Marjorie Taylor Greene Has More Problems: The group of conservative lawmakers has officially ejected the controversial Georgia Congresswoman, following a series of disputes.
Marjorie Taylor Greene Has Drama to Contend With
Back in June, there were indications that the House Freedom Caucus had taken a vote on the fate of Rep. Marjorie Taylor Greene (R-GA) and had possibly decided to remove her.
Now, it’s official: Greene is out of the Freedom Caucus, becoming the first member in the history of the group to be kicked out. Then-Rep. Justin Amash (R-MI), a founding member of the Freedom Caucus, stepped down from the group in 2019 after he stated that he believed Donald Trump had committed impeachment offenses, following the release of the Mueller Report; the rest of the Caucus were, and remain, die-hard Trump supporters.
According to Politico, a member of the group has confirmed that Greene was voted out. Note: the reporting comes from just one source.
“A vote was taken to remove Marjorie Taylor Greene from the House Freedom Caucus for some of the things she’s done,” said Rep. Andy Harris (R-MD) told Politico.
The vote came shortly after the well-documented fight on the floor of the House last month between Greene and her ally-turned-rival Rep. Lauren Boebert (R-CO), in which the two Congresswomen reportedly clashed over their rival efforts to impeach President Biden, and Greene was said to have referred to Boebert with an expletive.
“I think the way she referred to a fellow member was probably not the way we expect our members to refer to other fellow, especially female, members,” Harris told Politico, indicating that this was something of a final straw in the decision to remove Greene from the Caucus.
However, there were other factors as well, including Greene’s much-publicized alliance with House Speaker Kevin McCarthy, which had Greene supporting both McCarthy’s speakership and his budget deal with President Biden when the Caucus opposed both.
“I think all of that mattered,” Harris told the news outlet. “I think the straw that broke the camel’s back was publicly saying things about another member in terms that no one should.”
What does this mean for Greene? Probably not much, aside from not being able to attend the Caucus’ weekly meetings, and not being able to count on the support of Freedom Caucus members when she gets into her frequent public controversies.
Rep. Greene has retained her committee assignments, which she had taken from her during her previous term in Congress, and is, therefore, able to grandstand as much as she likes, whether in Congressional hearings or in the press.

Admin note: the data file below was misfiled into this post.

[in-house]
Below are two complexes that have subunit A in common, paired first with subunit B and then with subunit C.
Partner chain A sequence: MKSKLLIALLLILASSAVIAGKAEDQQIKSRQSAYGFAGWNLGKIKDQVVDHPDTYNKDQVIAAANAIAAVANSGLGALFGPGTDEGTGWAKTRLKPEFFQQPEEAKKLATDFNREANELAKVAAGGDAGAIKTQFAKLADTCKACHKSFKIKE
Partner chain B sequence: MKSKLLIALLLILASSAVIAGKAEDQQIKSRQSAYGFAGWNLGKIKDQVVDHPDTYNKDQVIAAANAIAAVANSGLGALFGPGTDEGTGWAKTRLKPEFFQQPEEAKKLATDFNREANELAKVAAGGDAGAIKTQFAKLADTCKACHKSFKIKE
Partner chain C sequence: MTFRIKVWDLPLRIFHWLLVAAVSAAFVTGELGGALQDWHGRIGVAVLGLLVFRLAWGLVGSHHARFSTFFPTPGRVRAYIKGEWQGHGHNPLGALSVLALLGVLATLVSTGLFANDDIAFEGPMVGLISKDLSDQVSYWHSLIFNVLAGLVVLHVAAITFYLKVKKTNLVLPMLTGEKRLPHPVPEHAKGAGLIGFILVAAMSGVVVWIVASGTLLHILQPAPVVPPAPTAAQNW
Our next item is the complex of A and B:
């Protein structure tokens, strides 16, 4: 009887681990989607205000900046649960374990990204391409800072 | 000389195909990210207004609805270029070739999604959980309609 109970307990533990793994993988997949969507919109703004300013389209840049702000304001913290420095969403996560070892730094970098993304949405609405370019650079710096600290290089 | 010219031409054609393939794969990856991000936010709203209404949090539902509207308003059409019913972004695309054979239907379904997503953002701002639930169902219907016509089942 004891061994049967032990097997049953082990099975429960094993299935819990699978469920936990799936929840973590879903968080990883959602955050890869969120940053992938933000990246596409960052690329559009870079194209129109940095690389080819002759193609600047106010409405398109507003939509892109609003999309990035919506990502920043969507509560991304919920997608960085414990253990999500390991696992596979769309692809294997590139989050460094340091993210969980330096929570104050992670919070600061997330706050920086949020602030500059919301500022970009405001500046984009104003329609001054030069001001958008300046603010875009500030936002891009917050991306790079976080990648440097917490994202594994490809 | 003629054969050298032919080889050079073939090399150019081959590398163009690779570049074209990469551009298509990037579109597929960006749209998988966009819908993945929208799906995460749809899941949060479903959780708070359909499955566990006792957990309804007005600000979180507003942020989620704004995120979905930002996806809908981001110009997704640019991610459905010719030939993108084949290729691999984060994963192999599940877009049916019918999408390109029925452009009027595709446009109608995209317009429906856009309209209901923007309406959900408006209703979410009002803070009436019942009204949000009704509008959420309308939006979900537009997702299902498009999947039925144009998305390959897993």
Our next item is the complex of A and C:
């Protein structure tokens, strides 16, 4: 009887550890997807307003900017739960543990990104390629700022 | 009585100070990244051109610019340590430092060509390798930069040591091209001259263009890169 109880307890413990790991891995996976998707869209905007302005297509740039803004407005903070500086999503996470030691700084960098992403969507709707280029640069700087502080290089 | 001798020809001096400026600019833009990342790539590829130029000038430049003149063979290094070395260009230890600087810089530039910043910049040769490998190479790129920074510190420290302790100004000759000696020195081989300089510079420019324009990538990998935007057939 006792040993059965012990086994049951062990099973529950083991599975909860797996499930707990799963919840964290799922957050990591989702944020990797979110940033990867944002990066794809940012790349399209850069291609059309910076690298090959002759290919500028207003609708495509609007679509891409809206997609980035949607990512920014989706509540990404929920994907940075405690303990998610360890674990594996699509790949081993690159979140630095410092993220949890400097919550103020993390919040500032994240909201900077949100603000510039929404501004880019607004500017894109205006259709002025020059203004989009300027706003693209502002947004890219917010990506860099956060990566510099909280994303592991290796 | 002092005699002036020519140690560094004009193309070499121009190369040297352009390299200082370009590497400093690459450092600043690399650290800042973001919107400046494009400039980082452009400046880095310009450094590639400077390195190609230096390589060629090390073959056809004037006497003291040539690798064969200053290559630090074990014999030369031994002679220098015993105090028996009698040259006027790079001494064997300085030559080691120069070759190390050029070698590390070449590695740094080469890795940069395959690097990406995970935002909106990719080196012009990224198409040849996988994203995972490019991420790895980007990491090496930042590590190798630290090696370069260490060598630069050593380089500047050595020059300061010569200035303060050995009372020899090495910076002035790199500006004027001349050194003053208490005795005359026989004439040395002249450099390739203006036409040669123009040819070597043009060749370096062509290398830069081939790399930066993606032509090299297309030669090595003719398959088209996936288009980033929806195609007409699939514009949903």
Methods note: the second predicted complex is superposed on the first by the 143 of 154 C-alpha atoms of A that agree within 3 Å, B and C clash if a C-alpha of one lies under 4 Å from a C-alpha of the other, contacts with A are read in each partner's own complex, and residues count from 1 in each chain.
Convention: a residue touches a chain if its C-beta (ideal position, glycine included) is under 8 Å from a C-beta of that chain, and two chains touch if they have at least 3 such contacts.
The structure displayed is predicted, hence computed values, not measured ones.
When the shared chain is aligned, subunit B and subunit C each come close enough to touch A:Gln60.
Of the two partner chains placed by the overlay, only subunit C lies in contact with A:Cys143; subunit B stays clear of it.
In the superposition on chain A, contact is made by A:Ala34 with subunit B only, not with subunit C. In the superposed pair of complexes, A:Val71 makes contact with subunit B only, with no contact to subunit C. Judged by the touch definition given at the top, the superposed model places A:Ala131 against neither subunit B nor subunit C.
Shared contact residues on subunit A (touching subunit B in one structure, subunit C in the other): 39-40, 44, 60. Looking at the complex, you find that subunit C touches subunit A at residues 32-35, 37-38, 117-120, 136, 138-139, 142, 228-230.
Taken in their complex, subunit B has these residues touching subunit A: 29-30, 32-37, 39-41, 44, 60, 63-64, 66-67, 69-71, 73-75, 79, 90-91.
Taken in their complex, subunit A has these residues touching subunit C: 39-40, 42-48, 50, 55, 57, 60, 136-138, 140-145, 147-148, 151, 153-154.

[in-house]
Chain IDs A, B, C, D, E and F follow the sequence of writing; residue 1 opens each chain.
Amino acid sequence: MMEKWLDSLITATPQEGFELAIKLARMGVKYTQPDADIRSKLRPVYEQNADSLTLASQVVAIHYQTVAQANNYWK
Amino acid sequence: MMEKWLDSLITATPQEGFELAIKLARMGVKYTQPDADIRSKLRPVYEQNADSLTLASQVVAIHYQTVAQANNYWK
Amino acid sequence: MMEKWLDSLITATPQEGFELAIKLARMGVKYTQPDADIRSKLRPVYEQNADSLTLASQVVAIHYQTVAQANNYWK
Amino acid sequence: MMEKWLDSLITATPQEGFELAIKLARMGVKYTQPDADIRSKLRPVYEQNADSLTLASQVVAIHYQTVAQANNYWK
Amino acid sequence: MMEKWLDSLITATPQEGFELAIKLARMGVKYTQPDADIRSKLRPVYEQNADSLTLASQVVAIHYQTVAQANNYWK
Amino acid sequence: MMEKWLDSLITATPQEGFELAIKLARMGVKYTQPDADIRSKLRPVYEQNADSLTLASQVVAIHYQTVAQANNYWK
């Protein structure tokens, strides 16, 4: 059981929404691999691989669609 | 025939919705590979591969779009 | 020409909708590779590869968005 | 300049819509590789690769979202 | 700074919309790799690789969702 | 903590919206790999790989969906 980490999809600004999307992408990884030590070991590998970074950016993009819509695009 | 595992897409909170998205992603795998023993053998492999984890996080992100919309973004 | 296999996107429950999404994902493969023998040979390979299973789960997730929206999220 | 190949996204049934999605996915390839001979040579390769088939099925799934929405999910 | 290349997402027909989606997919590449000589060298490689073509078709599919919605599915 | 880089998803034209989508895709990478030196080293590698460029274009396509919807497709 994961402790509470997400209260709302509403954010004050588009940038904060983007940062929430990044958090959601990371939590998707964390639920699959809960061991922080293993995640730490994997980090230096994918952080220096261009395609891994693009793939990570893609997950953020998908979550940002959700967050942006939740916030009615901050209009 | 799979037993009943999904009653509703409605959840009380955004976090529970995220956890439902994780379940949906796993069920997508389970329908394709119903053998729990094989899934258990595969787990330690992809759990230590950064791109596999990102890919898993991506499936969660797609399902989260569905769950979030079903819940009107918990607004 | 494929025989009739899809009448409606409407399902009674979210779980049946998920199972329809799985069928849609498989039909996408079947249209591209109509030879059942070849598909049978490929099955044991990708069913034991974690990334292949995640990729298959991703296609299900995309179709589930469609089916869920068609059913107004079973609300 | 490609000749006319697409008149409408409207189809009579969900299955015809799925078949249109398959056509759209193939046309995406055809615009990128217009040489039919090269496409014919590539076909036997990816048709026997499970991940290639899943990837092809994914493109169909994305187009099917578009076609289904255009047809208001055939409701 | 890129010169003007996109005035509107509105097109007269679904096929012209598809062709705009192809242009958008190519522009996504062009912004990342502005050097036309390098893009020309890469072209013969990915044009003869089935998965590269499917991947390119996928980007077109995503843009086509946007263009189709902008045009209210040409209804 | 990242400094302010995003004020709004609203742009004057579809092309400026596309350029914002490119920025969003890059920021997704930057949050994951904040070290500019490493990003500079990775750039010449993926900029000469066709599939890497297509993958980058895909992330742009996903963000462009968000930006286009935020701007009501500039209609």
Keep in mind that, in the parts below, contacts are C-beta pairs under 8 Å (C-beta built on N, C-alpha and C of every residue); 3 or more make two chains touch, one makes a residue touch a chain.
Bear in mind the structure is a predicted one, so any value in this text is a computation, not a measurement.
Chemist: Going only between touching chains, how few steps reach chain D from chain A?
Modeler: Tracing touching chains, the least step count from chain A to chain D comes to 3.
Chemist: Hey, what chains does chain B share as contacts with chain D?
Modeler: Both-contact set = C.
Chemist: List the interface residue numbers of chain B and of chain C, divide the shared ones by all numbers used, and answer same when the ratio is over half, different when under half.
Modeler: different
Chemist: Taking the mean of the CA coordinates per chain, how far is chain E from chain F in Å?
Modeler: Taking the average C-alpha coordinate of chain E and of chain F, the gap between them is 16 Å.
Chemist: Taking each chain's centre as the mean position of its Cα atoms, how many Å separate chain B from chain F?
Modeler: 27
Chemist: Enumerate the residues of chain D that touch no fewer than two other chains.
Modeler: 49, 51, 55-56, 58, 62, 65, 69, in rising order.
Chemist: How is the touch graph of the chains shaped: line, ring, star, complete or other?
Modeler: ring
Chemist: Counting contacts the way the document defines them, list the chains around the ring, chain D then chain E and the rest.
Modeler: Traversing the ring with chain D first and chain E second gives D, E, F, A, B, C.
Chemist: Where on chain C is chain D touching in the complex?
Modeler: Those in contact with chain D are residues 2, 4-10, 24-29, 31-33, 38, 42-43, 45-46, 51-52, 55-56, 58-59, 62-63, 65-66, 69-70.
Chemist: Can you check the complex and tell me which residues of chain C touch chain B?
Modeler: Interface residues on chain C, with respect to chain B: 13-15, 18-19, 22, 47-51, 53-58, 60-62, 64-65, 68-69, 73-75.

Greene, a member of the House Oversight Committee, has been at the forefront of efforts to pursue long-shot impeachments of President Biden and several other administration officials and has also introduced legislation to expunge Trump’s two impeachments.
Greene, last month, had complained that Boebert had leaked word of their confrontation to the press- even though it took place in front of numerous witnesses, as well as C-SPAN’s cameras.
“I find it unfortunate that Lauren Boebert leaked that conversation that we had to the press. But once she leaked it out, I had to confirm that that’s, in fact, what I said,” Greene said of the instantly notorious “little *****” comment.
Greene also, several times in the last week of June, tweeted about the idea that President Biden had “lawyered up” and hired new legal counsel, even though there had been no reports anywhere in the media about Biden hiring a new lawyer, aside from a tweet from Rep. Darrell Issa.
Over a video of Biden talking about a recent call with Ukrainian President Volodymyr Zelenskyy, Greene tweeted “I’d like to know if his newly hired attorney was in the room as well.”
The Biden-Harris campaign did announce this week that they have hired Maury Riggan, who was formerly White House Counsel, as the general counsel for the 2024 campaign, but that’s not a hire of a criminal lawyer.
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Stephen Silver is a Senior Editor for 19FortyFive. He is an award-winning journalist, essayist and film critic, who is also a contributor to the Philadelphia Inquirer, the Jewish Telegraphic Agency, Broad Street Review and Splice Today. The co-founder of the Philadelphia Film Critics Circle, Stephen lives in suburban Philadelphia with his wife and two sons. Follow him on Twitter at @StephenSilver.